“POTS port is G.711″ (the same standard as existing Telstra phone services.)
7. Network Performance by multiple RSPs vs Telstra. Only becomes a problem if the user changes from a premium phone service to a cheap one. Alarm companies should disallow that.
The “million alarms obsolete” looks like a beat-up to me.
This article appeared in the New York Times today, and I thought that it might offer a somewhat more balanced – and accurate – approach to some of the background facts about fibre transmission than appear in the Australian!
And people still think wireless will cut it………
http://www.nbnco.com.au/wps/wcm/connect/main/site-base/main-areas/publications-and-announcements/latest-announcements/mike_quigley_presentation_to_commsday_melbourne_summit <– in the podcast listed in the most recent announcement, Mike made mention of the standard wholesale costs – check out at around the 13min mark.
It was something log the lines of: standard pricing for an RSP to access the Point-of-Interconnect, which then fans out to all premises either via fiver, sat or fixed wireless.
There has been plenty of discussion that there may be different price points for an RSP to provide access to different technology users – but this section of speech seems to be clarifying information to me that there will be 1 price across the entire customer base.
for the PoI: check out slide 9 of http://www.nbnco.com.au/wps/wcm/connect/f0f58180444b2b5baa02aad59810a037/Commsday+Melbourne+13+Oct+2010+PDF.pdf?MOD=AJPERES
Access Economics: FTTN NBN would boost GDP by $8-23 billion
STEPHEN CONROY: I’ll happily come back to that, but I need to go back to Malcolm’s fantasy. He said the majority, the vast majority of Australians can access and exchanges ADSL2+ enabled. Only 500 of 5,000 exchanges are ADSL2+ enabled. And I invite Malcolm to read … to read John McCarthy in the Courier-Mail. In the last couple of days he wrote an Op-Ed piece which said that getting broadband in inner-city Brisbane is science fiction. I invite him to read The Drum, Max Pesch, who described Surry Hills experience in Sydney.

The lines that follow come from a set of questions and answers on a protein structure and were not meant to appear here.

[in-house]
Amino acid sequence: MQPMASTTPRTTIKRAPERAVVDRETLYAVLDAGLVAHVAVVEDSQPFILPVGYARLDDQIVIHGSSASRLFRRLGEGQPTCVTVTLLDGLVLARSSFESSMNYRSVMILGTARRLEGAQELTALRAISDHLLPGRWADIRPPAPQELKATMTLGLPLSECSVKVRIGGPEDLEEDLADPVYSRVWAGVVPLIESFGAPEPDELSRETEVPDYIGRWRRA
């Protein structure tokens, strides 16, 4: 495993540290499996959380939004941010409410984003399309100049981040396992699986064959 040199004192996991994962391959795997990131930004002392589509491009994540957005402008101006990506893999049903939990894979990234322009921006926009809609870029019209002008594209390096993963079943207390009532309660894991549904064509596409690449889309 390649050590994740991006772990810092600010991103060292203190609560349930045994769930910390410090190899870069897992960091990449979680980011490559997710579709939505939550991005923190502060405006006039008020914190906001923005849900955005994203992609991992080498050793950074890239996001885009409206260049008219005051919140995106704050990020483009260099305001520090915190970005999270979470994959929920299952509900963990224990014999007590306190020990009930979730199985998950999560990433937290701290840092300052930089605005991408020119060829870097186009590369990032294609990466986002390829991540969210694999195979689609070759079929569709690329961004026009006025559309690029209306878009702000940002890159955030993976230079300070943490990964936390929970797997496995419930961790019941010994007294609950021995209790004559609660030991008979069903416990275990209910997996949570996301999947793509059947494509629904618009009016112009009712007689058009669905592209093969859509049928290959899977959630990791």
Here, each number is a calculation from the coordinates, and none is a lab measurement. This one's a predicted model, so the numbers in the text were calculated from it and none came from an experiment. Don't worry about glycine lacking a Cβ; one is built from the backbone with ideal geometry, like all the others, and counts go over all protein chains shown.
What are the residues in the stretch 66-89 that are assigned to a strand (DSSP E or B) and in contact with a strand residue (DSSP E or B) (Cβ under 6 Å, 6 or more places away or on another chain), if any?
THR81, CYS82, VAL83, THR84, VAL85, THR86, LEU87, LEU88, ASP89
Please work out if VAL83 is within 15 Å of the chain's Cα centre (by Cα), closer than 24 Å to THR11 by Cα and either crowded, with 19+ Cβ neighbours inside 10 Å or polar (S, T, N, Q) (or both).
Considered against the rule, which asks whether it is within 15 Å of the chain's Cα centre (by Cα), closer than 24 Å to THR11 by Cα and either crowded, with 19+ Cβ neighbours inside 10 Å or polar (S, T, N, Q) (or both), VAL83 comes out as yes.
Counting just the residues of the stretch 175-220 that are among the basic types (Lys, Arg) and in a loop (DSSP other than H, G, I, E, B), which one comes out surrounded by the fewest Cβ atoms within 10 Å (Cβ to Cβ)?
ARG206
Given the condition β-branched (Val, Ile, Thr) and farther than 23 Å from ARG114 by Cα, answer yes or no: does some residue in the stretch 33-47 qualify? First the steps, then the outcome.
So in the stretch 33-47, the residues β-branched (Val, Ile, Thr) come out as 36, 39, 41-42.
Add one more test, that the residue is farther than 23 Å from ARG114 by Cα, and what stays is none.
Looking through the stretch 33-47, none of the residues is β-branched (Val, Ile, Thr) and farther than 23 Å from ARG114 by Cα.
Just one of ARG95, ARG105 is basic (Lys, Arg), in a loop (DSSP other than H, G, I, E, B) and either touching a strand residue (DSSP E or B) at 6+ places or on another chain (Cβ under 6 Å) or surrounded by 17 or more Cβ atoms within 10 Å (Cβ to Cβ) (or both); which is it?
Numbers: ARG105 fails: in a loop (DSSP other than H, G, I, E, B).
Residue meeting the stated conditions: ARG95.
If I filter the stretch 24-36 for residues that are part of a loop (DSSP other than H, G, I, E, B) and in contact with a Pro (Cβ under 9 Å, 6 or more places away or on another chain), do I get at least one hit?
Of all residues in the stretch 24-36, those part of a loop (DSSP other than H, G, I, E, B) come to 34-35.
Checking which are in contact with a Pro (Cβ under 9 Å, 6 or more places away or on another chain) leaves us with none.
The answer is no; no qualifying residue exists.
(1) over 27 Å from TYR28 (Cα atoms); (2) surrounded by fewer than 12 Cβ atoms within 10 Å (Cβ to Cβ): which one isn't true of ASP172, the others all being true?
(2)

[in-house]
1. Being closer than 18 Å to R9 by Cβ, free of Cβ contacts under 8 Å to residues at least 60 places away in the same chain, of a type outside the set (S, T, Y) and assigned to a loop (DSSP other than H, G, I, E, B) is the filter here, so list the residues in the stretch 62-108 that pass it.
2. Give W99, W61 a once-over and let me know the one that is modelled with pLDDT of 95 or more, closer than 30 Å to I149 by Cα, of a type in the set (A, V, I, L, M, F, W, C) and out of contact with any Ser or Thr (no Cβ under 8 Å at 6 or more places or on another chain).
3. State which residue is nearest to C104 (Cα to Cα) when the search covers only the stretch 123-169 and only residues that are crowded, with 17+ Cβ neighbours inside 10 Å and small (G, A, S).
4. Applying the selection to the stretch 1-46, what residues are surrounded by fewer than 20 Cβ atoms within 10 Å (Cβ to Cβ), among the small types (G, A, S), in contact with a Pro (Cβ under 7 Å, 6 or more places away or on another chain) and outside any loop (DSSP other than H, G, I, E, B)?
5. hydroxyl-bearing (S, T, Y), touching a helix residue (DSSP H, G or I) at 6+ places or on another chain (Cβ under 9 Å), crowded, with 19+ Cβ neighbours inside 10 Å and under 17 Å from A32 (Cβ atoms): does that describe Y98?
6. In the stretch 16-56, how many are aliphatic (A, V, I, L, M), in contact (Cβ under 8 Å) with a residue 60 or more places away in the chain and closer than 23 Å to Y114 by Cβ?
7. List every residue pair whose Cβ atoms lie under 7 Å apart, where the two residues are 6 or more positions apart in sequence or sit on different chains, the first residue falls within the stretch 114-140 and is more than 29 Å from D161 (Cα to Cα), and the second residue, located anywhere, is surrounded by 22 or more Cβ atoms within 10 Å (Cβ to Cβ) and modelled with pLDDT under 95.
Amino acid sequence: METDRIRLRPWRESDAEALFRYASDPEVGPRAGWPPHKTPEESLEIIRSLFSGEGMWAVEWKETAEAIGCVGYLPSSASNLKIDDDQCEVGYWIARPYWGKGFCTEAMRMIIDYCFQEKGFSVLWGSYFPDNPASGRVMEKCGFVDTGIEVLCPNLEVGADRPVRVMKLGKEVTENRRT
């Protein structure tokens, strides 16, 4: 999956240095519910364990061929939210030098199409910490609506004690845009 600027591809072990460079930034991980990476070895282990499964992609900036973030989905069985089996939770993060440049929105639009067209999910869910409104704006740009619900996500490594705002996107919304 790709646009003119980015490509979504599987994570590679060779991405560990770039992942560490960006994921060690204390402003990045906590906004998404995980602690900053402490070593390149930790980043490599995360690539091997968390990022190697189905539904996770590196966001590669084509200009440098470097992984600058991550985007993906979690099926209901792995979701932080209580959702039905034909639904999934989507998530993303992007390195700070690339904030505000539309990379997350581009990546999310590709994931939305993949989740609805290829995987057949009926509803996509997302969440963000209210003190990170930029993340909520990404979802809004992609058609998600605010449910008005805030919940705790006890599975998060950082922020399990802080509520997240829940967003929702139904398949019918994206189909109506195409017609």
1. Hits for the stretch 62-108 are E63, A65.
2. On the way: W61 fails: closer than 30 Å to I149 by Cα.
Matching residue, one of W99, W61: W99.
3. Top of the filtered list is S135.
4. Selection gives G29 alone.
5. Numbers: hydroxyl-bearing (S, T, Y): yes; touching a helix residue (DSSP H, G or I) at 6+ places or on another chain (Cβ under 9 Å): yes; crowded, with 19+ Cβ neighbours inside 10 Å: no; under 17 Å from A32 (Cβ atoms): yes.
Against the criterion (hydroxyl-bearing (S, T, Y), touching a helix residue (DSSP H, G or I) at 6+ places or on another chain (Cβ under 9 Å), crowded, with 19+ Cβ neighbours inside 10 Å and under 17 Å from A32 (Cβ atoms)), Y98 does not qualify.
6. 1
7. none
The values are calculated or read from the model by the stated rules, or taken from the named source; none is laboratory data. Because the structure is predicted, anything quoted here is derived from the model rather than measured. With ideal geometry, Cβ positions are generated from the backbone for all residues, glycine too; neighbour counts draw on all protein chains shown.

TONY JONES: Well, hang on a sec! Hold on, hold on, hold on. You’ve raised the question of the costs per household, Malcolm Turnbull. Now, I think you’ve written it’ll be $4,000 per household. Tony Abbott say it’ll be $5,000 per household. The visiting Mexican billionaire Carlos Slim Helu say it’ll be $7,000 per household. Who’s right?
STEPHEN CONROY: But that’s a completely false representation. This is investing in an asset that will last up to 40 years. If you take even Malcolm’s $4,000 and stretch that across 40 years, it’s about 13 cents a day.
So, you can’t say that you add up the whole total cost for asset that lasts up to 40 years and suddenly try and bemuse and trick ordinary Australians that that’s the actual cost. This is an asset over 40 years, Tony! 13 cents a day!
^^ Conroy, Turnbull clash over NBN cost
Malcolm Turnbull’s new line of attack on the NBN is aimed at end user pricing. His reasoning is that if a wholesale price of around $35 is charged to retailers (as put forward in the NBN implementation report) it will result in an end user price of around $65 to $70 per month – which he says is “higher than most people are paying now”.
His statement seems like folly to anybody who is already paying for broadband and telephony service in this country. Given most already pay $60 for regular broadband, plus $30 line rental to get it – or around $65 for ‘naked’ DSL with voice-over-IP (VoIP) – it’s doubtful there would be many people upset with paying $65 for much greater 100Mbps speeds and a stable voice service from the NBN.
Curbing the NBN’s cost
Optus targets NBN wireless fans and fibre critics
In my suburb of Seventeen Mile Rocks, Telstra has told us the service is full, that there is no waiting list and they can’t help. Optus doesn’t service our area and we’ve tried a variety of different systems.
Currently we are stuck with 3G mobile, which works slowly because we are in a gully and hardly at all when there’s cloud cover. We found one spot in the house where, if we are lucky, we can get a two-bar reception. If it’s raining it’s better to read a book, but so far it’s the best system we’ve had.
^ Wired-up future is the right way for rural and suburban Australia